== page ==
As we learn more about climate change, we learn more about human history. Nicola Di Cosmo, a professor at the Institute for Advanced Study in Princeton, New Jersey, will talk about this link at the next Humanities Center Distinguished Lecture, 4:00 p.m. Monday, November 10, in Room 1210 of the McClung Tower.
College of Arts and Sciences News
A UT study finds that nonprofit organizations aiming to protect biodiversity show little evidence of responding to economic signals, which could limit the effectiveness of future conservation efforts.
‘Tis the season to be grateful. And being grateful for what you have may be the key to happiness, according to research by a UT professor. Jeff Larsen, associate professor of psychology, investigated whether the maxim “it’s more important to want what you have than to have what you want” is true.
Discover magazine featured the research of Psychology Professor Gordon Burghardt and his colleagues Vladimir Dinets, a psychology research assistant professor,
Endemic species are often endangered, and a UT study finds that saving them is more important to biodiversity than previously thought.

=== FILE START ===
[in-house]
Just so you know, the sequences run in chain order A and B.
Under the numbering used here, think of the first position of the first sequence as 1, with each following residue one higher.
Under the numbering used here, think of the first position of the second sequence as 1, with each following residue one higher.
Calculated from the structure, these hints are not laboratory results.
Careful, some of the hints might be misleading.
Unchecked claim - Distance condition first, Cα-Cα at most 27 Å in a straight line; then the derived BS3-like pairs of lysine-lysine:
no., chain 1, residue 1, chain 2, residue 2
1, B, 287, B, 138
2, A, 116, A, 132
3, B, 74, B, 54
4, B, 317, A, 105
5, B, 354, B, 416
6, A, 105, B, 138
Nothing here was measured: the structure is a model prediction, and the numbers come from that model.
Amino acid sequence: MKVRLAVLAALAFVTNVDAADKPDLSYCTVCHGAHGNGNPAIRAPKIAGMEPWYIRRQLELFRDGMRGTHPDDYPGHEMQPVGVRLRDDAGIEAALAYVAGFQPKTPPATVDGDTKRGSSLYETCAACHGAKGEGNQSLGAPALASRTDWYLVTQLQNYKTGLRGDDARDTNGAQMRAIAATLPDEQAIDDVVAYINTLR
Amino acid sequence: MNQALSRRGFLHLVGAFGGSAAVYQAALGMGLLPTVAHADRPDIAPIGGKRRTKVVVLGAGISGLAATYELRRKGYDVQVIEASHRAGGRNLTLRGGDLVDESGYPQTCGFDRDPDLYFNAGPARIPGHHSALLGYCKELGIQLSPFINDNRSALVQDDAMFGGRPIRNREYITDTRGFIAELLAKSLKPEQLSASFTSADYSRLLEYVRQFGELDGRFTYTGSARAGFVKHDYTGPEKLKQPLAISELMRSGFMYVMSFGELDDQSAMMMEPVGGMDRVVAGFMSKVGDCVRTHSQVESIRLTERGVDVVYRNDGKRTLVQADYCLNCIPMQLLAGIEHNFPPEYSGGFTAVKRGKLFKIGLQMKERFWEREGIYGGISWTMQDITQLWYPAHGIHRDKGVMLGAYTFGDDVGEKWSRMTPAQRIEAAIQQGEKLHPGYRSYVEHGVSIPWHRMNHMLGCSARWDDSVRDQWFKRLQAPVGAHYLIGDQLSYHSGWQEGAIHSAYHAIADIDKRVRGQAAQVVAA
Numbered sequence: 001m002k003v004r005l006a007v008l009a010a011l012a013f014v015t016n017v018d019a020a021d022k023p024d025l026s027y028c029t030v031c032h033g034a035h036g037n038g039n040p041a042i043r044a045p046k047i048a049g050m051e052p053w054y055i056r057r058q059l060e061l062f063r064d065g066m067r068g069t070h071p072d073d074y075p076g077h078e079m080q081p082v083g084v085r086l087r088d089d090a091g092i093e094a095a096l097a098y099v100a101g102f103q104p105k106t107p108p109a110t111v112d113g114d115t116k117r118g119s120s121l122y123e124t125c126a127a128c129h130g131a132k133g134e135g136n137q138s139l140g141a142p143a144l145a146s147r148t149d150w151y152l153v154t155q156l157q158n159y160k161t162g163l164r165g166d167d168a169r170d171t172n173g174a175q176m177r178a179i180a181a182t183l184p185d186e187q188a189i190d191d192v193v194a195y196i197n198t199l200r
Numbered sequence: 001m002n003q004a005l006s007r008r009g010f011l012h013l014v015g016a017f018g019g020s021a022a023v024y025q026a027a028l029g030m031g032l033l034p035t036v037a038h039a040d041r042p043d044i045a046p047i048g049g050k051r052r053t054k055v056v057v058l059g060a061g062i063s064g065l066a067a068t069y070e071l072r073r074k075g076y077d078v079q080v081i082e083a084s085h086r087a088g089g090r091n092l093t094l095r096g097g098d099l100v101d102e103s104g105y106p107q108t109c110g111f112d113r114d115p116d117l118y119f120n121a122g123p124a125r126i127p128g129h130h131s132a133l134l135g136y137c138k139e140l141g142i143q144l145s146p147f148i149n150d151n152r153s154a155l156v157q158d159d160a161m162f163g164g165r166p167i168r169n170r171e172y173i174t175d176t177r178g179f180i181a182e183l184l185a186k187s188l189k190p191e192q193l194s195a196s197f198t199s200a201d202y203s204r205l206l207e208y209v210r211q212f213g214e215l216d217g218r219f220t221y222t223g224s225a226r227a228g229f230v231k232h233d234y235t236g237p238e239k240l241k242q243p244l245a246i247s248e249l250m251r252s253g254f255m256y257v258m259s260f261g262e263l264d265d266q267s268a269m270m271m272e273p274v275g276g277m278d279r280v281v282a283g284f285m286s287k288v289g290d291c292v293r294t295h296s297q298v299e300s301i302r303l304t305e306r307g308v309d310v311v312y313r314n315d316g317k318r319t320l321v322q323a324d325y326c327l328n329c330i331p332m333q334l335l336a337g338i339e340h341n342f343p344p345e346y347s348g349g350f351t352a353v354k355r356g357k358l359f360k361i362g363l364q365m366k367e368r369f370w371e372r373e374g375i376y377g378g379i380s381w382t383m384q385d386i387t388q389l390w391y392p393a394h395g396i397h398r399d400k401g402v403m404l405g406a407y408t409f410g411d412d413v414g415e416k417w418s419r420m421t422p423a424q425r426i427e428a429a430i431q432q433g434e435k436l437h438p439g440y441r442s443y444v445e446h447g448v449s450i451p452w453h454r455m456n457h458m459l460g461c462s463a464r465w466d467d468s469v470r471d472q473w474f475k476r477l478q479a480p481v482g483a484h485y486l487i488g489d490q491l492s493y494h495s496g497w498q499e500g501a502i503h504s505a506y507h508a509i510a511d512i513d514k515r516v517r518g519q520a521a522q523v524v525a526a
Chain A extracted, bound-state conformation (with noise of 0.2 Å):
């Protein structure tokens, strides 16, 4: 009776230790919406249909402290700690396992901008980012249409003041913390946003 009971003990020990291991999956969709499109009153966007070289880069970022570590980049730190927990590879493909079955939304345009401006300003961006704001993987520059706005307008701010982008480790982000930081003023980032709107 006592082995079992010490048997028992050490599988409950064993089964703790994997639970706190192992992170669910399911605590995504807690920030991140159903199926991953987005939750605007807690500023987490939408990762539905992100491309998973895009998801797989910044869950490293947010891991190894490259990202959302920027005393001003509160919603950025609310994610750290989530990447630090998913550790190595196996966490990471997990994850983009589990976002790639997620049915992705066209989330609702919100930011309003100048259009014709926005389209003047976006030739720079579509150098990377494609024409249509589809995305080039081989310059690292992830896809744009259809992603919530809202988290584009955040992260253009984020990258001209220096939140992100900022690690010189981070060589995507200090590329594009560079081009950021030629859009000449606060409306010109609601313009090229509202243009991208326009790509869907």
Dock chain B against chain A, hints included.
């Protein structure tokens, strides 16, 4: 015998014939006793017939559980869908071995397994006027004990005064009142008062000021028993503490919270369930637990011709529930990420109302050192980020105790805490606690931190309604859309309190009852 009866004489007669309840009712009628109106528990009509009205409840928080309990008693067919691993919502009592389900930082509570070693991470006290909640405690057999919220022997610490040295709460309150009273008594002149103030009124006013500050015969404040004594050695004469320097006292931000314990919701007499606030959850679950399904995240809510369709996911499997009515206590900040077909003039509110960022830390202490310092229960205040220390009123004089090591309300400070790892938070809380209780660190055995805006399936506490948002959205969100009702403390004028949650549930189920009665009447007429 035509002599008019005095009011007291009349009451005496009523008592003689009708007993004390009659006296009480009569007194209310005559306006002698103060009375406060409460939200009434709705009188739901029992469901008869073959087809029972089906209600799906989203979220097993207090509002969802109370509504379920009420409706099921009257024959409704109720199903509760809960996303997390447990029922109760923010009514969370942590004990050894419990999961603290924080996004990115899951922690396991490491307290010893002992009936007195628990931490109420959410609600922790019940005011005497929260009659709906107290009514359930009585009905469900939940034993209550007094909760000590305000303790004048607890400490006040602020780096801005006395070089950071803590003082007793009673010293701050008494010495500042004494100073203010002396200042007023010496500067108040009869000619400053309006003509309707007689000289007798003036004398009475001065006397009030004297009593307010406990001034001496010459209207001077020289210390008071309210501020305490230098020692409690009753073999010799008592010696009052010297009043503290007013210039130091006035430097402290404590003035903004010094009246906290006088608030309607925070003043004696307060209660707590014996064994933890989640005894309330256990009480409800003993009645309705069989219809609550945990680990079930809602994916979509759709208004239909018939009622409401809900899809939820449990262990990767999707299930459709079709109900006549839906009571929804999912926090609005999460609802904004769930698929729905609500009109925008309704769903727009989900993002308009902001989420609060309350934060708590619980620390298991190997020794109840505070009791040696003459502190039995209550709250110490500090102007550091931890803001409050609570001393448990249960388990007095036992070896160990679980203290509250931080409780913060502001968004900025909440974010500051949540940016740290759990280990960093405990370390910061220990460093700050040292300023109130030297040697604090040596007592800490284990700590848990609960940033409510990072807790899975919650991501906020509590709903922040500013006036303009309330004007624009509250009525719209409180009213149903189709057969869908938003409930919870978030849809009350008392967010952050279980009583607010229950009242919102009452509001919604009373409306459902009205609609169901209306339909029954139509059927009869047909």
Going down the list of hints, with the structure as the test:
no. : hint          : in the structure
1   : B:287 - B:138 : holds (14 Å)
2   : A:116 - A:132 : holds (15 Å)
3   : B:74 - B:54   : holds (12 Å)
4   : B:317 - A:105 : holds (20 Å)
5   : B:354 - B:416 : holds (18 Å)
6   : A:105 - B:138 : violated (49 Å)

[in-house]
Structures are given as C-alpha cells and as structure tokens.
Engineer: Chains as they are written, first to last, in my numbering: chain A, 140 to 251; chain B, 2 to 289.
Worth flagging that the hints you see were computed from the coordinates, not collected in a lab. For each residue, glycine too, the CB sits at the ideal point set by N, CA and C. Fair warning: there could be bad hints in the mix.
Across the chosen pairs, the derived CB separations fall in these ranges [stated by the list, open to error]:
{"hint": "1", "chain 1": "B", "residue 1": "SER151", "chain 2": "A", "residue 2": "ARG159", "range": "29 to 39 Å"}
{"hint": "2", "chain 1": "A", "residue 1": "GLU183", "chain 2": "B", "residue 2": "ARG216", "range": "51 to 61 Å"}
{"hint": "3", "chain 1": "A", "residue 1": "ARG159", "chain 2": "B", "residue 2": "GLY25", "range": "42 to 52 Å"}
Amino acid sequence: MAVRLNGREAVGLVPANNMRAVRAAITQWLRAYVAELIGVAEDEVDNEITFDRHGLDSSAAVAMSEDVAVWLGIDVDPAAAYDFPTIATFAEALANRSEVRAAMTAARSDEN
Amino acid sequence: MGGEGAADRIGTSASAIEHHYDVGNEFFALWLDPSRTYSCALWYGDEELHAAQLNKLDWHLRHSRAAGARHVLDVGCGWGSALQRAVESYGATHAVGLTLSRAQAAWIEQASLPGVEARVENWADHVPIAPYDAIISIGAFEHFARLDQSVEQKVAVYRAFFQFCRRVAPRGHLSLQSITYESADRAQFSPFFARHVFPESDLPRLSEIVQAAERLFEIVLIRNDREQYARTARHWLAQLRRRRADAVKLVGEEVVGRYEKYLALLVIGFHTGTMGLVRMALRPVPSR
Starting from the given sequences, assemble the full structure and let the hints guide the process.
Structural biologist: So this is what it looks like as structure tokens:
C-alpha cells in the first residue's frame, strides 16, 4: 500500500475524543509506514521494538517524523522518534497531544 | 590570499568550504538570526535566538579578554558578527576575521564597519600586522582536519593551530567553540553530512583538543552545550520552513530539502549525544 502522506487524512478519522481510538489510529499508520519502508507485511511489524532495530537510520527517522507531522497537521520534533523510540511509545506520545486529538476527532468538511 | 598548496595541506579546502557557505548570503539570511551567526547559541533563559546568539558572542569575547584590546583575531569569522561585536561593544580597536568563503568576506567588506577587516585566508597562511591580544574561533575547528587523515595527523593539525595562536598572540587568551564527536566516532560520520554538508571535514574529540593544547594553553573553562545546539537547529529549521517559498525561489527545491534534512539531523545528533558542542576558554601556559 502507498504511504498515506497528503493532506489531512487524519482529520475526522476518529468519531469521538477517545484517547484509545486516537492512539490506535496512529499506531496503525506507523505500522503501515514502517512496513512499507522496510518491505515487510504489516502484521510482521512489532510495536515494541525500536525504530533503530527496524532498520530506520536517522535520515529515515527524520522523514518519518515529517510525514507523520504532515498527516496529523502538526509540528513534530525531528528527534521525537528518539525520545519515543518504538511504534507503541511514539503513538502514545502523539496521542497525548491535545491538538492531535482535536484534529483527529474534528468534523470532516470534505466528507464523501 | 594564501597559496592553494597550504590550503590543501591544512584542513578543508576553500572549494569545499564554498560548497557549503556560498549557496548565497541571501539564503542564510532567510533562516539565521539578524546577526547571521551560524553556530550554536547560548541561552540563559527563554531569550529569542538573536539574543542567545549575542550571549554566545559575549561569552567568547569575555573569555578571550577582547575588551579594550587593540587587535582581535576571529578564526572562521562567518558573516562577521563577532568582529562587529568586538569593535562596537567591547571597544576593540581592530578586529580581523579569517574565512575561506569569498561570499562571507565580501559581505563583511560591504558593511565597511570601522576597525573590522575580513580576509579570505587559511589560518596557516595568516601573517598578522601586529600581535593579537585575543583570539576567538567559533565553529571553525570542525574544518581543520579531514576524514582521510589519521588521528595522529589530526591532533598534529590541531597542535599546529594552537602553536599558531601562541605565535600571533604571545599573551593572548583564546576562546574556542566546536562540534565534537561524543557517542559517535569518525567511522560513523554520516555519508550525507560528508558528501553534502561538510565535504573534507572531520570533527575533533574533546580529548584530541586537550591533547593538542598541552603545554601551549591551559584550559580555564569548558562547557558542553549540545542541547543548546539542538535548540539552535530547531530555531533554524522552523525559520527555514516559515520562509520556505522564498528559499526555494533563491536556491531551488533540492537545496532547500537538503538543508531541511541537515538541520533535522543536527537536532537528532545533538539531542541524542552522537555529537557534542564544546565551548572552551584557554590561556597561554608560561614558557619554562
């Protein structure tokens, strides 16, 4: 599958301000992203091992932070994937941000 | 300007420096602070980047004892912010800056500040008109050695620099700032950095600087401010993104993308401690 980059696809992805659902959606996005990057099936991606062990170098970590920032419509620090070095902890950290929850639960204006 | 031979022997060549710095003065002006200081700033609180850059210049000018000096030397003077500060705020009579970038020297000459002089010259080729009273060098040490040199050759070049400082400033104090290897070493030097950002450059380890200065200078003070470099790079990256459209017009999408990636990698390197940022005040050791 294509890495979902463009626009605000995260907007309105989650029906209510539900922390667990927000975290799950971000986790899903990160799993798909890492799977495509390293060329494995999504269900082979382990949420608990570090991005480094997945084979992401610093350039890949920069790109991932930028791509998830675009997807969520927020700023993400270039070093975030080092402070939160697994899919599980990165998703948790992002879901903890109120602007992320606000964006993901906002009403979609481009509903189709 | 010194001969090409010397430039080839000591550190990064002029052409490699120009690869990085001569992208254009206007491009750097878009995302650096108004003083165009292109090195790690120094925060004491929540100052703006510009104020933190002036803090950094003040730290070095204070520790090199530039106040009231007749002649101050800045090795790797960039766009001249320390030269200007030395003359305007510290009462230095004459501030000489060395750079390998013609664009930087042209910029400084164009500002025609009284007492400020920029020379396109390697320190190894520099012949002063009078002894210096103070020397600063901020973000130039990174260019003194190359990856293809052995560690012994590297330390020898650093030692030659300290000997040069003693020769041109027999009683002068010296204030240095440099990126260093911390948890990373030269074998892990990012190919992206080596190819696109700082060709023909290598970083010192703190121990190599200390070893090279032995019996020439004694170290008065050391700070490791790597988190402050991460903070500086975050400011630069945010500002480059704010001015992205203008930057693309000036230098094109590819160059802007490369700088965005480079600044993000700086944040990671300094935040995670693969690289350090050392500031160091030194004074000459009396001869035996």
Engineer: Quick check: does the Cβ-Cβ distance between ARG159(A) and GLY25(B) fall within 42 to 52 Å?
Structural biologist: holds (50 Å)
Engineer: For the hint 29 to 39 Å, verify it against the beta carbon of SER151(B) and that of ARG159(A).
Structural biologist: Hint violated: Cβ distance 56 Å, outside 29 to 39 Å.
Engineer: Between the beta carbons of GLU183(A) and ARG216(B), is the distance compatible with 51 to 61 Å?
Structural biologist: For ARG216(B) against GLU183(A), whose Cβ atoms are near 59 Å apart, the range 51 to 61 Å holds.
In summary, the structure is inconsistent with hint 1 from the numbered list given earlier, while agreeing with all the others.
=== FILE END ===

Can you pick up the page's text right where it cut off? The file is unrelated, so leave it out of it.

An adaptation of a Greek play about a betrayed woman and revenge will have its world premiere at UT and will run from November 7 to 9.
With Halloween just around the corner, it’s a horror-ably good time to talk about being frightened. UT Graduate Teaching Associate Jeremy Locke gets to do that four times a week, as part of his job. Locke teaches Inquiry Into Horror, a section of English 102, a general education course that focuses on intensive research and writing. As a PhD student, Locke is intrigued by the links between horror novels and historically great literature.
Stefan Spanier, physics professor at UT, will talk about the European Council for Nuclear Research’s study on matter at this week’s Science Forum on Friday, October 31.
International award-winning pianist Alec Chien will perform at UT on Thursday, November 6.
Deborah Dash Moore, director of the Frankel Center for Judaic Studies at the University of Michigan, will deliver a talk, “Urban Origins of American Judaism,” at 7:00 p.m. on Monday, November 10.